Remedies for poison oak, poison ivy

I’m as allergic to poison oak as anyone I know; I’ve “gotten” it even from contact once removed, from the coat of a dog, someone else’s hand or jacket. The swelling and itching is very bad: eyes swell shut, skin won’t tolerate clothing. I’ve found two things that work better for me than anything else.

For the itching, take antihistamines. These work also for relieving the itching of mosquito bites.

For the swelling, and to make the poison oak lesions dry up and go away faster, try Neutrogena’s Body Clear Body Scrub. Put it on the affected areas generously and gently (do not scrub) and let it sit for 3 or 4 minutes before rinsing. One application usually is enough; if not repeat after a few hours. The active ingredient is salicylic acid, 2%, meant to dry up oily skin, but for me it has been extremely effective at reducing swelling and itching, stopping “weeping” from the lesions, and making them heal in perhaps half the usual time. I expect that other preparations with similar content of salicylic acid would work too, as long as no other ingredient irritates the poison oak blisters, but this is the only one I have tried. I keep a bottle just for poison oak season, year after year.

The active ingredient that causes the allergy is urushiol, and as far as I know it is the same in all three species of poison oak and ivy, so this remedy should help in all cases. The fact that the condition is an allergy, not a case of “poisoning,” explains why reactions vary among individuals and even in the same individual. A person previously non-reactive can develop the allergy after any number of exposures.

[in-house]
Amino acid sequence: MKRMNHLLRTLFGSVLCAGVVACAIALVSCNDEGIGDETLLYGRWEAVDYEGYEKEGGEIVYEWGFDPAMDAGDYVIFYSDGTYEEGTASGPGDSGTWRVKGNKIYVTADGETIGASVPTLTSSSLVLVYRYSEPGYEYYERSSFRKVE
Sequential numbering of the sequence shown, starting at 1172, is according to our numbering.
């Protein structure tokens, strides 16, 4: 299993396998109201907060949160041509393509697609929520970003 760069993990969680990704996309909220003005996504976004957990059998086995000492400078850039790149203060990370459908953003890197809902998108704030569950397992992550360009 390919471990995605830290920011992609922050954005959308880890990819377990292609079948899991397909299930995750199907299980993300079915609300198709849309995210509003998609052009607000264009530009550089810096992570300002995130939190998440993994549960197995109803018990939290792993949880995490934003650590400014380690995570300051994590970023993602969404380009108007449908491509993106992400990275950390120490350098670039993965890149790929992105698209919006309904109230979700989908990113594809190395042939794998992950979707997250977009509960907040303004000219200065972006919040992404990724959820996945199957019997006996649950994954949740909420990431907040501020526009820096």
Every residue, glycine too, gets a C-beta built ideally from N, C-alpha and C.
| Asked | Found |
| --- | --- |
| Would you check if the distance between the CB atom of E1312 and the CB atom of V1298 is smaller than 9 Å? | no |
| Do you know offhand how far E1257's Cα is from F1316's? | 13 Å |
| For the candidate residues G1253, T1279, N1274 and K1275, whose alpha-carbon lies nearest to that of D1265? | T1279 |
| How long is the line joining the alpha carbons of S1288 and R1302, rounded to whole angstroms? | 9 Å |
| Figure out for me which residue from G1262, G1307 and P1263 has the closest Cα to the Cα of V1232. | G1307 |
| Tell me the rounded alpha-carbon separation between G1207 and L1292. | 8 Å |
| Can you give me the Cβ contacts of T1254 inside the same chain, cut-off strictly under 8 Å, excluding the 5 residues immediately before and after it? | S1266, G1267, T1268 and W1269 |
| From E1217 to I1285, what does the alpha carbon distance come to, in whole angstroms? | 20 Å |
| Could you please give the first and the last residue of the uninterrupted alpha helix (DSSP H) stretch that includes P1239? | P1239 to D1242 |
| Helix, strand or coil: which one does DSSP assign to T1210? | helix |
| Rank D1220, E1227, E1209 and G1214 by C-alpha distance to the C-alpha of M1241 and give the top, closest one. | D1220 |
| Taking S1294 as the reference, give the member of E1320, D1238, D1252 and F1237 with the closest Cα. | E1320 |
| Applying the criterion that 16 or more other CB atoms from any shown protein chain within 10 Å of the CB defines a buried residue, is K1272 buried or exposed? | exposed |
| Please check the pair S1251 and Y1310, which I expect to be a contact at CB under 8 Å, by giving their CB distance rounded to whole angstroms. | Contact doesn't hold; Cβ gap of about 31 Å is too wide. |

Disclaimer: I’m not a doctor, nor do I have any financial interest in Neutrogena.

Images below from Wikipedia: left, glossy new spring growth of Western or Pacific poison oak (Toxicodendron diversilobum, also called Rhus diversiloba. Brand-new spring foliage is sometimes crimson.
Right, the attractive fall colors.

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4 thoughts on “Remedies for poison oak, poison ivy

  1. Hey thanks for the tip my legs are curently consumed with poison oak and I am about to try to go to bed as I scrolled across this article My fiance just happened to have some neutrogena deep clean facial cleanser with the salicylic acid in it so I am going to try it tonight I will let you know if it works by tomorrow thanks alot

  2. Triamcinolone acetonide is the cream that puts the entire reaction down fast. Get it from a dermatologist. It is a topical steroid cream that ends any reaction spot in a day or two. Remember though, it is a TWO WEEK outbreak. So, just because you beat it down in one spot, for two weeks it can return. So get a few tubes. I live near tijuana, so I just roll to the pharmacies there. Its 6 bucks in mexico, but requires a scrip in america. Doctors need their.blood money, and if you are reading this, you know that every second is agony, and the system promises you at least six hours of waiting, and then hoping that the doc doesn’t declare it a staff infection and shoot you full of antibiotics. Get some now. Have some on hand.

  3. Last time I was down there, triamcinolone acetonide was with Nystatin. Couldn’t get it by itself, just with Nystatin mixed in, which makes me itch. Can you get it now without it?

  4. Next time I see my derm, I am going to try and get some steroid cream for ivy is all over the back yard and an inevitable right of passage every summer. … Today, I have the poison ivy all over my legs. Before I read this article (literally yesterday) I applied an acne cream from neutrogena with a 2% active ingredient salicylic acid, my hunch paid off. Just as you stated it’s used to dry up acne / pores / etc, and I was betting it would help reduce the redness and swelling at the very least it couldn’t hurt. It looks MUCH better today, so I will continue. Good to see others are using it and I’m not crazy.

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